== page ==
These detectors are used to date soils and sediments from salt marshes and lakes using radioactive isotopes caesium - 137 (137Cs), lead - 210 (210Pb) and Lead - 214 (a mediator for Ra - 226). Caesium - 137 is a man-made radionuclide created by atmospheric testing of nuclear weapons and can be used to date sediments deposited since 1950. Lead - 210 is a naturally occurring radionuclide that is part of the 238U decay series and can date sediments up to 150 years old.
We have three upright well detectors which are suitable for samples with normal 210Pb concentrations. Our three J-shaped detectors are low background detectors which are ideal for samples with low 210Pb concentrations. One of these J-shaped detectors is equipped with a carbon fibre endcap, making it suitable for ultra-low background detection.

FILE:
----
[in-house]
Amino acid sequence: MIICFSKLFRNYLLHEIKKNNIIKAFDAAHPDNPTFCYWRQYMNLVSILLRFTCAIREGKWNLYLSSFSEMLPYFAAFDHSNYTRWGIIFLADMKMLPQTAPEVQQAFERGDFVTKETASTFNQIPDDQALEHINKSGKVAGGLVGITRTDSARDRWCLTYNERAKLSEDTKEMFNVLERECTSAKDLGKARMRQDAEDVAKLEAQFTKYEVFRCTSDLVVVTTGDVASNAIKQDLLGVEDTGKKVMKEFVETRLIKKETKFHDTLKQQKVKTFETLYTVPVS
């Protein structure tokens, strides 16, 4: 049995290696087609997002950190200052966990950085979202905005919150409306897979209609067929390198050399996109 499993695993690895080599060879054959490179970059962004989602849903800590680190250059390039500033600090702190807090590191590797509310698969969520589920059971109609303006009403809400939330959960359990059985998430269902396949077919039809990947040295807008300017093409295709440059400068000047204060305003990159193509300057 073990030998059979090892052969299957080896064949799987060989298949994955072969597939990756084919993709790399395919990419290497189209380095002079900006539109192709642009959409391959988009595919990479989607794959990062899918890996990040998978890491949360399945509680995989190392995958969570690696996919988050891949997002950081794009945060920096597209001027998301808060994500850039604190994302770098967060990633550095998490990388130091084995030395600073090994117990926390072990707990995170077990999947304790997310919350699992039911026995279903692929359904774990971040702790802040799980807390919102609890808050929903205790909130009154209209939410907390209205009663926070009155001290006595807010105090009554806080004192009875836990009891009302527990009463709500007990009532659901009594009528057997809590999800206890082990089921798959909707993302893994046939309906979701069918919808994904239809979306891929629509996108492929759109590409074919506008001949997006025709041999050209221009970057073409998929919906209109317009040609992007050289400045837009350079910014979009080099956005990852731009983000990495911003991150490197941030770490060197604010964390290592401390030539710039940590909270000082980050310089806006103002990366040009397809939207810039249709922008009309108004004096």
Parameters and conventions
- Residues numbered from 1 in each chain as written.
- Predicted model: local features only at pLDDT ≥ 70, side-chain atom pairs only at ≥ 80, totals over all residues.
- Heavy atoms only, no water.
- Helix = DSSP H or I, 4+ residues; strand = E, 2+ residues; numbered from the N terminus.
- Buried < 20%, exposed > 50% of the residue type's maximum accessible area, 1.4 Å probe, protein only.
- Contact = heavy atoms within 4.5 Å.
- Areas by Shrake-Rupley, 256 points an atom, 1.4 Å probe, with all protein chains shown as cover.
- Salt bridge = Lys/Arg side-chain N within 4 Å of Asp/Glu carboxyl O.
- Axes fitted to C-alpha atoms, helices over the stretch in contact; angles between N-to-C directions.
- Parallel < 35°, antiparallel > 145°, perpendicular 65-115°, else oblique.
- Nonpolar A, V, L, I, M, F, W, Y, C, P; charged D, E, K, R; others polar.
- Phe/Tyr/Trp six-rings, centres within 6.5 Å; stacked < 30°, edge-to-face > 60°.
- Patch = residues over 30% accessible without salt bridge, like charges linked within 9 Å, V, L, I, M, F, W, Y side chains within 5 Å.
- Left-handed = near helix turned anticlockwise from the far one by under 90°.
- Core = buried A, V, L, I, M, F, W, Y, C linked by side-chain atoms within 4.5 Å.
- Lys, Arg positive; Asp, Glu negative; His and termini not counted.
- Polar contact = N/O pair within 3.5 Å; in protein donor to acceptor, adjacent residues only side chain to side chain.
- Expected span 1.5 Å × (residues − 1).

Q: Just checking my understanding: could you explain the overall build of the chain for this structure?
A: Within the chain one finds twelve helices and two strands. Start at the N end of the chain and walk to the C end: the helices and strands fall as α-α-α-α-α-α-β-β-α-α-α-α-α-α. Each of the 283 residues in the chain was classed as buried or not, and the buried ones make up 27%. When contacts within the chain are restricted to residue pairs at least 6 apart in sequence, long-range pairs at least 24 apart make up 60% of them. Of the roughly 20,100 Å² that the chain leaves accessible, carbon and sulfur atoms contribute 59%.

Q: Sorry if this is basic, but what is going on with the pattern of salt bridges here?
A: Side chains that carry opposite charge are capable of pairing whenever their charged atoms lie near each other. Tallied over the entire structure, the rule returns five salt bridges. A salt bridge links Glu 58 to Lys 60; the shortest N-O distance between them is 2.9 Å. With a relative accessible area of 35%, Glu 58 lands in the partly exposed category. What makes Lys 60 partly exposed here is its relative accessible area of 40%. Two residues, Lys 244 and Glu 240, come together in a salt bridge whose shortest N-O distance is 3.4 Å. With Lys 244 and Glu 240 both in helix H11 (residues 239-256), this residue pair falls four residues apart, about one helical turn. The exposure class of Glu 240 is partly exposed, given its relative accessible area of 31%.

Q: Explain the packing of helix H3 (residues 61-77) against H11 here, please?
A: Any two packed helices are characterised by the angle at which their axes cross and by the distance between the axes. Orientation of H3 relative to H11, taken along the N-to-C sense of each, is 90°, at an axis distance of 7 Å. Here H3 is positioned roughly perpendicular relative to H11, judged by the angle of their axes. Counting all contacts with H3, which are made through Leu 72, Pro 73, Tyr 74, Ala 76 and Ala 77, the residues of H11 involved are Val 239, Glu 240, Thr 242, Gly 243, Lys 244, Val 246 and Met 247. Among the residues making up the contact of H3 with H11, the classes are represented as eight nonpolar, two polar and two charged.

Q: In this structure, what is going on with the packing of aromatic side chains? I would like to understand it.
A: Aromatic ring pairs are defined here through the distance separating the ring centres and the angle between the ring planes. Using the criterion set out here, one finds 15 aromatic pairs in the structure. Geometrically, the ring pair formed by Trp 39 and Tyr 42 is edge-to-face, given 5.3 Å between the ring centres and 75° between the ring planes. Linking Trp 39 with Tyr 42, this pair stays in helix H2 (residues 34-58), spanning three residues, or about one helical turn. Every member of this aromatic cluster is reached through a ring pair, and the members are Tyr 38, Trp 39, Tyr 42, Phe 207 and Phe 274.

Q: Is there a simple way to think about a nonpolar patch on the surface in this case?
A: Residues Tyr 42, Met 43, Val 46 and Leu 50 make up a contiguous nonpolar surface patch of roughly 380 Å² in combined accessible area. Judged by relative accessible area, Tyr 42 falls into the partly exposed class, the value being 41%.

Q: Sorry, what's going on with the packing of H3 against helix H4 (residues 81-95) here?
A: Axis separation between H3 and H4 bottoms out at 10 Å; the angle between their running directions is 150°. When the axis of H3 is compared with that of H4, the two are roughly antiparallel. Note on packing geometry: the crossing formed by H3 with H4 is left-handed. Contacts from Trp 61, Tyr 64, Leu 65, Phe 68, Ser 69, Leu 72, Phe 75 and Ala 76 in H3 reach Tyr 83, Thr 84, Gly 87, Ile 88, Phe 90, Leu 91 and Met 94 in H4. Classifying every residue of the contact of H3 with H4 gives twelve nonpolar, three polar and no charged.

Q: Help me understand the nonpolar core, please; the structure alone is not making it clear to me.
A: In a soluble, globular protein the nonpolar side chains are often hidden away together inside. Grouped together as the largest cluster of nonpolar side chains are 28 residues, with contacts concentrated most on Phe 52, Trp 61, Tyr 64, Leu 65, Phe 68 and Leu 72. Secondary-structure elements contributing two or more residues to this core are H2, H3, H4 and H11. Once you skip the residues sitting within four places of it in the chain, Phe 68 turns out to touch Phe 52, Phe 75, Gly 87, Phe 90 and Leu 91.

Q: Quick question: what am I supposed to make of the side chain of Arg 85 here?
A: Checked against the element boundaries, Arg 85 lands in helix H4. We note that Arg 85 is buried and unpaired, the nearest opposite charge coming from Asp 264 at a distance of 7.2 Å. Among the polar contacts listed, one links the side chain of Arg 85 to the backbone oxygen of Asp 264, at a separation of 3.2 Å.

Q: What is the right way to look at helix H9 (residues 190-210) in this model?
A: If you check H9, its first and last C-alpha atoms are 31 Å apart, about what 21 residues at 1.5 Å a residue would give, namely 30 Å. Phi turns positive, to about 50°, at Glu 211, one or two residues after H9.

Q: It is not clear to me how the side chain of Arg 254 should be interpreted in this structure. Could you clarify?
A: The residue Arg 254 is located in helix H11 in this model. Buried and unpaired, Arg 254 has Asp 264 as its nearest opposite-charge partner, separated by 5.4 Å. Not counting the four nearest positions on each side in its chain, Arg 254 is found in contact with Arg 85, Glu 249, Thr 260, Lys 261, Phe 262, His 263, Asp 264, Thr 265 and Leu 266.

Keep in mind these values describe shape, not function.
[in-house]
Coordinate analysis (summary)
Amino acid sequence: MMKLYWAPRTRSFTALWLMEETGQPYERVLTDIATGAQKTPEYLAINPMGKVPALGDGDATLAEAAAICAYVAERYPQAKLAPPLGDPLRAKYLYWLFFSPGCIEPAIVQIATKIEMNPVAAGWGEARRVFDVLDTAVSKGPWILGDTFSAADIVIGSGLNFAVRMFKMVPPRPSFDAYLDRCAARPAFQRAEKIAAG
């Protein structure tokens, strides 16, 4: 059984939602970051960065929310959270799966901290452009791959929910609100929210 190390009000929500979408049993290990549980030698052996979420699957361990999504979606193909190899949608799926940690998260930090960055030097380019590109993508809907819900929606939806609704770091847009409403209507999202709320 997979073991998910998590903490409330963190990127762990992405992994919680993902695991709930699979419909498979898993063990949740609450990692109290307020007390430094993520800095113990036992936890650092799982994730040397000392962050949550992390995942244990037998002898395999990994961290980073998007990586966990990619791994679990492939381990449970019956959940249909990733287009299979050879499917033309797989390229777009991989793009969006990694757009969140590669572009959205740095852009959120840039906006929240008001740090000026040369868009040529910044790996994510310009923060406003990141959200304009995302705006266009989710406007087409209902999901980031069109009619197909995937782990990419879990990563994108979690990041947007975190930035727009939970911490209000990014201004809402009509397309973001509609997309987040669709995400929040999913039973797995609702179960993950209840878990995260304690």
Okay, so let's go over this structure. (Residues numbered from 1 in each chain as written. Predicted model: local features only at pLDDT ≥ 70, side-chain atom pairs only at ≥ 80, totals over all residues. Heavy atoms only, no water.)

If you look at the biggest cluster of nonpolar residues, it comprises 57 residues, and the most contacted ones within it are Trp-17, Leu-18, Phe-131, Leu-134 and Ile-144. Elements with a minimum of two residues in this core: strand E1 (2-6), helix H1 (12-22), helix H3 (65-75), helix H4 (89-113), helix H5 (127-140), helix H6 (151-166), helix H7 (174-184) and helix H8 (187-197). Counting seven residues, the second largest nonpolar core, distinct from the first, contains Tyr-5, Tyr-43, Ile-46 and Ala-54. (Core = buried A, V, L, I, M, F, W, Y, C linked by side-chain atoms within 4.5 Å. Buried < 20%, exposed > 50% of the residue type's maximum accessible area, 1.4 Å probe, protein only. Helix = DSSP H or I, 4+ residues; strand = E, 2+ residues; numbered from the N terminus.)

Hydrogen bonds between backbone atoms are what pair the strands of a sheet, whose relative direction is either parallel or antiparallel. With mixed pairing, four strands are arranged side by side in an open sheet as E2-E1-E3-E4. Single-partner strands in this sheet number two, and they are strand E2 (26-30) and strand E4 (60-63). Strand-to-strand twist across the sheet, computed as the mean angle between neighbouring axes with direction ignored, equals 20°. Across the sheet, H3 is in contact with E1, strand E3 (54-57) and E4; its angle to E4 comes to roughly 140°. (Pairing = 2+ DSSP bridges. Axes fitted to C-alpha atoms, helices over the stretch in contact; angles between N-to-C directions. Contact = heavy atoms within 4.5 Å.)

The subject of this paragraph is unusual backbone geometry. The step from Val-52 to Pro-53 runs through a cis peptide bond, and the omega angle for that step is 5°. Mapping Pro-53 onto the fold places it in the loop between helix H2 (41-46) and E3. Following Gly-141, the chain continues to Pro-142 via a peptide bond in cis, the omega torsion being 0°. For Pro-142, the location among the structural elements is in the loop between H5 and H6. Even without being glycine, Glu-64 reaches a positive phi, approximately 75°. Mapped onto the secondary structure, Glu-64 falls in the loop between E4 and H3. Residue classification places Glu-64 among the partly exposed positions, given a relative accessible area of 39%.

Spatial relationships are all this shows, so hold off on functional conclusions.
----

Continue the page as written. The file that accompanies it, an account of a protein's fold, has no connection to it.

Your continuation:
Prior to analysis sediment samples must be freeze-dried and ball-milled. Plus, dry bulk density must also be calculated for use in dating models. The samples must be placed in sealed cylindrical vials for 28 days to allow 226Ra and 214Pb to equilibrate prior to gamma analysis. The samples are inserted into a liquid nitrogen cooled germanium detector and gamma emissions from the sample are recorded using an analogue-to-digital convertor interfaced with a computer. Samples are typically counted for seven days, but can be counted for shorter time (3 - 4 days) if the activity is particularly high. One detector is usually assigned to each sediment core to avoid problems associated with cross calibrating detectors.